Meet the local historian resurrecting the stories of Leicester suffragettes

When you think of a Leicester suffragette, the first name that comes to mind is likely Alice Hawkins.

Photo of the Alice Hawkins statue in Green Dragon Square by Kiran Parmer

Alice Hawkins was a working-class campaigner who fought for women's rights and working conditions in Leicester. But Hawkins is not the only Leicester-born suffragette to challenge the patriarchal status quo. 

In March 2023, we published an article on the Leicester Pimpernel Lilian Lenton. Famed for her daring escapes, Lenton's story and many other Leicester suffragettes remain largely untold.

We spoke to Leicester historian and archivist Jess Jenkins, who published her book Exploring Women's Suffrage through 50 Historic Treasures in 2007. She has dedicated her life to Leicester's history but spoke candidly about her recent interest in the suffragette movement. 

"I've been an archivist for 30 odd years at the Record Office for Leicestershire, and to be honest, for a lot of the period, I wasn't that interested in suffragettes and suffragists, which is awful really, because I took it all for granted. 

"I took having an education, going to having a degree, choosing the profession I wanted, not having to give up my job when I got married, all of that. I just took it for granted and wasn't particularly interested in suffragettes.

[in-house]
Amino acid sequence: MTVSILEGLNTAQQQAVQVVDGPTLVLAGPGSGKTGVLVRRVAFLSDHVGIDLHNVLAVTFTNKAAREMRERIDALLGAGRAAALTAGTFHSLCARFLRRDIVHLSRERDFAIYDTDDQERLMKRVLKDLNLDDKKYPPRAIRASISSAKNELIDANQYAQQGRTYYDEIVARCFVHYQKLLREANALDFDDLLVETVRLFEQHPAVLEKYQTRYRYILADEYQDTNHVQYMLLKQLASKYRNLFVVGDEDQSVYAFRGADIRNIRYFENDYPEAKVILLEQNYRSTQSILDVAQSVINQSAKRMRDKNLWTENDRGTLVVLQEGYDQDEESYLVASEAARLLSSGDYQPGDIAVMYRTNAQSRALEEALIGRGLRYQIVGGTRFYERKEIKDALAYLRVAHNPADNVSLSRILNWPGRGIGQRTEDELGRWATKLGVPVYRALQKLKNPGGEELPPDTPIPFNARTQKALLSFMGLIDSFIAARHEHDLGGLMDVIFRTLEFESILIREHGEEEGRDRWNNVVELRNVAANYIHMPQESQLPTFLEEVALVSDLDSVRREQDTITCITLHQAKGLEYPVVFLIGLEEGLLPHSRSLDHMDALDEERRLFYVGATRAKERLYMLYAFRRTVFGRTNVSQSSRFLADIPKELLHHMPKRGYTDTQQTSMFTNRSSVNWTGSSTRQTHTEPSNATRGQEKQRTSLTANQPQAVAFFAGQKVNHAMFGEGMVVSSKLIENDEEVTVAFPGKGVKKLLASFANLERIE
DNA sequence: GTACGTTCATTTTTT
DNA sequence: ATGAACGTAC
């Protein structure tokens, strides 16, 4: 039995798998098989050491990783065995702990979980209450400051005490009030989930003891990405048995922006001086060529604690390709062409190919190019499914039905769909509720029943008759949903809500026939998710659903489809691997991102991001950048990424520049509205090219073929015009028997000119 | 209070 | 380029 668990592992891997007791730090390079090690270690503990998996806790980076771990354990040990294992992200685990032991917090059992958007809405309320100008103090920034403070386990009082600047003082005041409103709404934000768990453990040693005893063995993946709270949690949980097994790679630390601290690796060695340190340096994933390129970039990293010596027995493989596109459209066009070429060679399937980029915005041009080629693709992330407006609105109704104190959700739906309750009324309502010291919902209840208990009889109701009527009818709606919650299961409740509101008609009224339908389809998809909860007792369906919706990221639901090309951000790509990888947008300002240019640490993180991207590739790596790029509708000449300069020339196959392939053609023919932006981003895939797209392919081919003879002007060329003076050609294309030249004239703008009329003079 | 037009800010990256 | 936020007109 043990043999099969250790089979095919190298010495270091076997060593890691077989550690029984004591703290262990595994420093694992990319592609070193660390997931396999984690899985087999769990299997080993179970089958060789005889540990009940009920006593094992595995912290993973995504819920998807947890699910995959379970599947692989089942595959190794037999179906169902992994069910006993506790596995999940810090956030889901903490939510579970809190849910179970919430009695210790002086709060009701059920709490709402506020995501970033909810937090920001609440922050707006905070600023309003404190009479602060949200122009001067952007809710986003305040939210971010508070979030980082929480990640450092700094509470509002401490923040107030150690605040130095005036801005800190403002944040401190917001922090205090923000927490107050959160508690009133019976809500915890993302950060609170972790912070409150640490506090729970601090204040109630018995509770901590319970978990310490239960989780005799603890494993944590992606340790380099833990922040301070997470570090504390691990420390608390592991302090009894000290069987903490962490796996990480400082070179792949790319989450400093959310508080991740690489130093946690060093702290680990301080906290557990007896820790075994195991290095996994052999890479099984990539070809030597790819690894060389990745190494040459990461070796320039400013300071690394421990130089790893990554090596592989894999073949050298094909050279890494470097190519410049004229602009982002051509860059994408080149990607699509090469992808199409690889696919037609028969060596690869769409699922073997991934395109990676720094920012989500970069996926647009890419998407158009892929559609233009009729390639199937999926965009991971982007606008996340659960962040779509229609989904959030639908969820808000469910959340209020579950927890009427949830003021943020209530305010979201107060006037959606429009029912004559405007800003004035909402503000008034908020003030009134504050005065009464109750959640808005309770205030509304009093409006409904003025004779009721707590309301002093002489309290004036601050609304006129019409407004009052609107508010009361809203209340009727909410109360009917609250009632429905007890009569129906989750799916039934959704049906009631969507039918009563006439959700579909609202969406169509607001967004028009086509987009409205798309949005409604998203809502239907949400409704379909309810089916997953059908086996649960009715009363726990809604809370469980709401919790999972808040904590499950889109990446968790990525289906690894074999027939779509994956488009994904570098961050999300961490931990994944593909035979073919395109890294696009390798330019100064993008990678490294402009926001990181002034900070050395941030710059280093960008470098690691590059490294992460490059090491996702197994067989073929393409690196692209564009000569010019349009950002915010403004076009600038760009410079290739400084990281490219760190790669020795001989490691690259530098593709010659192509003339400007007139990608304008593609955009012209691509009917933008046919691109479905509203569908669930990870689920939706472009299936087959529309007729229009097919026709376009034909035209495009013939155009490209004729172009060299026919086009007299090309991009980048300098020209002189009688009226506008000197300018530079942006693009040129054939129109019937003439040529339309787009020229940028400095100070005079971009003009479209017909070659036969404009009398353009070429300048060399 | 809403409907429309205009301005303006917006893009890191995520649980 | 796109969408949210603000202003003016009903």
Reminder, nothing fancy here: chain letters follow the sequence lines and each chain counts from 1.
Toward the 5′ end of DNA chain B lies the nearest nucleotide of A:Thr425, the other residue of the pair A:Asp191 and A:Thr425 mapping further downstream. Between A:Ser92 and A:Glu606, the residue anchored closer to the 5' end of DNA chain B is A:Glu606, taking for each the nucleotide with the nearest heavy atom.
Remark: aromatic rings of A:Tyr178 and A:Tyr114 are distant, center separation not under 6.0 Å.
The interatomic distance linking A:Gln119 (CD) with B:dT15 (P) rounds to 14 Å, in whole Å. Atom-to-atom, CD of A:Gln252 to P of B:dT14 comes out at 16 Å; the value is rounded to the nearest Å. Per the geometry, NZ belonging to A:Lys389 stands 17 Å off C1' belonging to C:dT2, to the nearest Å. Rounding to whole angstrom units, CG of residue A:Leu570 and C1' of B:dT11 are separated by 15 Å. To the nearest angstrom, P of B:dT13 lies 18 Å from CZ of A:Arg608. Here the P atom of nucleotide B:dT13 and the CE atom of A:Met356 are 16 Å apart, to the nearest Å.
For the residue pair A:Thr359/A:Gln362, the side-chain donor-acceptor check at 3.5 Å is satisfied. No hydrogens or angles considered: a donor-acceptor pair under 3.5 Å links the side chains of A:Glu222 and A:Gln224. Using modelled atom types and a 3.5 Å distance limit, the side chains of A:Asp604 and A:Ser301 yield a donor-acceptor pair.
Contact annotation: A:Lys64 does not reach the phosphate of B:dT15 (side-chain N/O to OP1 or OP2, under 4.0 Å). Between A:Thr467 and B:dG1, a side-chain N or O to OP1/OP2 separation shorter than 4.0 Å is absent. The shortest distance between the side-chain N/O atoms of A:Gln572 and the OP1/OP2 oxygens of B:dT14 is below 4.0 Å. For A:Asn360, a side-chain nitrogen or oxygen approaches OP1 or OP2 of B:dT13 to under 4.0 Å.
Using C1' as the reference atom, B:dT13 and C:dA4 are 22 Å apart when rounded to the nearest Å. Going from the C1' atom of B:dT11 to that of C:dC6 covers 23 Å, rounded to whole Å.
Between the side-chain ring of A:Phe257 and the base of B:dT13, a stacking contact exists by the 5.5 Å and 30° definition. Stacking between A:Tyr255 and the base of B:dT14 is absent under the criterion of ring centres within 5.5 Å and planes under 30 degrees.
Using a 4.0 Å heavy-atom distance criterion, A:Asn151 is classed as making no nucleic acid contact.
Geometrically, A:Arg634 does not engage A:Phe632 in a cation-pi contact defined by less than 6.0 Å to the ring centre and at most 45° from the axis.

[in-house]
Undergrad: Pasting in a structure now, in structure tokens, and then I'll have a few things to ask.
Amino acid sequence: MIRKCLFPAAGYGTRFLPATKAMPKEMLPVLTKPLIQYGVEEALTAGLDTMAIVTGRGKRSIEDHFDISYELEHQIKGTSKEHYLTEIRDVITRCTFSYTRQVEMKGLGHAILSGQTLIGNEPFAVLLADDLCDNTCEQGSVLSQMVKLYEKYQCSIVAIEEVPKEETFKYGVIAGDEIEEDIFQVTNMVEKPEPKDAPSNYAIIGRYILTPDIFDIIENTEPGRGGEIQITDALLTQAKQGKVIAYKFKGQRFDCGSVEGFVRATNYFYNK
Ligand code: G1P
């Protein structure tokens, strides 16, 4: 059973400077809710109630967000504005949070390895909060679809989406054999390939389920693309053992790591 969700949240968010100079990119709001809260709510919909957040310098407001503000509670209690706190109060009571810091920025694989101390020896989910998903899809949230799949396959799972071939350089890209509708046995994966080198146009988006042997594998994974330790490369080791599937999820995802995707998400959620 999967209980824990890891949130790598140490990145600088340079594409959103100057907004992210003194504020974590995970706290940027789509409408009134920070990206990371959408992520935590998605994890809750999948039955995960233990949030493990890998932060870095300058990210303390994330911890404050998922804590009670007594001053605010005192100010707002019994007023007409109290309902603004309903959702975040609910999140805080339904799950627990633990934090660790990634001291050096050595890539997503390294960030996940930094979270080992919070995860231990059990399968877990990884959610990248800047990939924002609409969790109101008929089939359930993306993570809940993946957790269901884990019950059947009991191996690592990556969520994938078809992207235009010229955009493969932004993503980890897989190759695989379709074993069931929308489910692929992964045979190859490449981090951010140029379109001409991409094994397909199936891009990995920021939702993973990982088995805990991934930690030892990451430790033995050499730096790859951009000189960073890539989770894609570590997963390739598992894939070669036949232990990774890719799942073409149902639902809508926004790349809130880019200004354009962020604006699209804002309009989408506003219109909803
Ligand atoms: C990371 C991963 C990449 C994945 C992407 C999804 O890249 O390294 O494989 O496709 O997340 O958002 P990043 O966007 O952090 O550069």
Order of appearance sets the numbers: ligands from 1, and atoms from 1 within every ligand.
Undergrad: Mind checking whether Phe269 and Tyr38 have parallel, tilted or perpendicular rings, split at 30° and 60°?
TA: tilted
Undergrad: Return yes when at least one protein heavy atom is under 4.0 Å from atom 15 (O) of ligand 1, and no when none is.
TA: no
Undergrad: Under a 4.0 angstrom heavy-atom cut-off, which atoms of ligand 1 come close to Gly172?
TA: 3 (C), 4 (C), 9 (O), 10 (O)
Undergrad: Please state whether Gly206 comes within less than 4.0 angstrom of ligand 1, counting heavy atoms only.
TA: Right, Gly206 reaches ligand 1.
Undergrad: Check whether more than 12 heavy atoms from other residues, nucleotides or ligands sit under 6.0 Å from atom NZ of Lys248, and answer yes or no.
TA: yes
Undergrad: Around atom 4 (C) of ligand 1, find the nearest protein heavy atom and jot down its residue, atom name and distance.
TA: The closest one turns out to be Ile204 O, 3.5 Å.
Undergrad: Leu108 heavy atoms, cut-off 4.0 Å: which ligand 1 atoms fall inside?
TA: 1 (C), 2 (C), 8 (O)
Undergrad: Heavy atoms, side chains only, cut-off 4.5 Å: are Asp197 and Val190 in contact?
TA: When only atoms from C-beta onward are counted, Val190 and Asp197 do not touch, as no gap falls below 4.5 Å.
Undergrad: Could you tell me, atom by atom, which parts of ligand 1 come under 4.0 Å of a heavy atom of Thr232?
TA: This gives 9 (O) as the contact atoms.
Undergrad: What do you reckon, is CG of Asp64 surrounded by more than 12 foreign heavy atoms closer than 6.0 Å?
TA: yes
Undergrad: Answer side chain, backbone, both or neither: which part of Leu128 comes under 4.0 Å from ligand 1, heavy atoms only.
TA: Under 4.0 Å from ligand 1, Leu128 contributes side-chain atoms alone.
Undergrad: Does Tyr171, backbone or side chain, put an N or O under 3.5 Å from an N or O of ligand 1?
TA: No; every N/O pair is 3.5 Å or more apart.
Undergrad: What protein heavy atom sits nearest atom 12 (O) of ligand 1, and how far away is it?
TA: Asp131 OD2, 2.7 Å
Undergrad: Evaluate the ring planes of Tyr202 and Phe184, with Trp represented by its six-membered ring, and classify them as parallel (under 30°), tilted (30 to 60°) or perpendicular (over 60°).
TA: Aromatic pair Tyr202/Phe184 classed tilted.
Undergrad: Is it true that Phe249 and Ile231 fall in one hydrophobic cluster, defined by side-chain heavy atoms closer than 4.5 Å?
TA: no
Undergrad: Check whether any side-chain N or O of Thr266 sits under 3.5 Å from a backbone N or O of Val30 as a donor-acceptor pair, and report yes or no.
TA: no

"But then, in 2007, we realised that it was the centenary of the formation of the Leicester branch of the Women's Social and Political Union. And I volunteered to do an exhibition. And so I found myself leafing through local newspapers of the time. I knew about Alice Hawkins. I'd heard of her, but nobody else, nothing else from the local area".

What surprised Jenkins the most was the number of female writers who wrote for publications like the Leicester Pioneer. With her research findings, Jenkins wrote a book that started her interest in the Leicester suffrage movement. She discovered countless activists and campaigners lost to history, including Lilian Lenton.

"I've discovered all sorts of interesting people. I was thrilled because I went to London, and in the police records, there was Elizabeth Frisby of Leicester being put into prison. And, of course, I only knew of her because she was the first woman Mayor of Leicester. So it was thrilling to discover this sort of thing.

"About the same time as I was getting involved in all this. The National Portrait Gallery released details of those secret photographs that the police took in prison, which were very interesting and little known at the time. And, of course, there's a magnificent one of Lilian Linton. It's a very glamorous picture of her with long hair. This really caught media attention, so that's when I first became aware of her".

When asked about the most thrilling parts of Lenton's story, Jenkins raised a defining moment in the suffragette's life: her near-death experience. 

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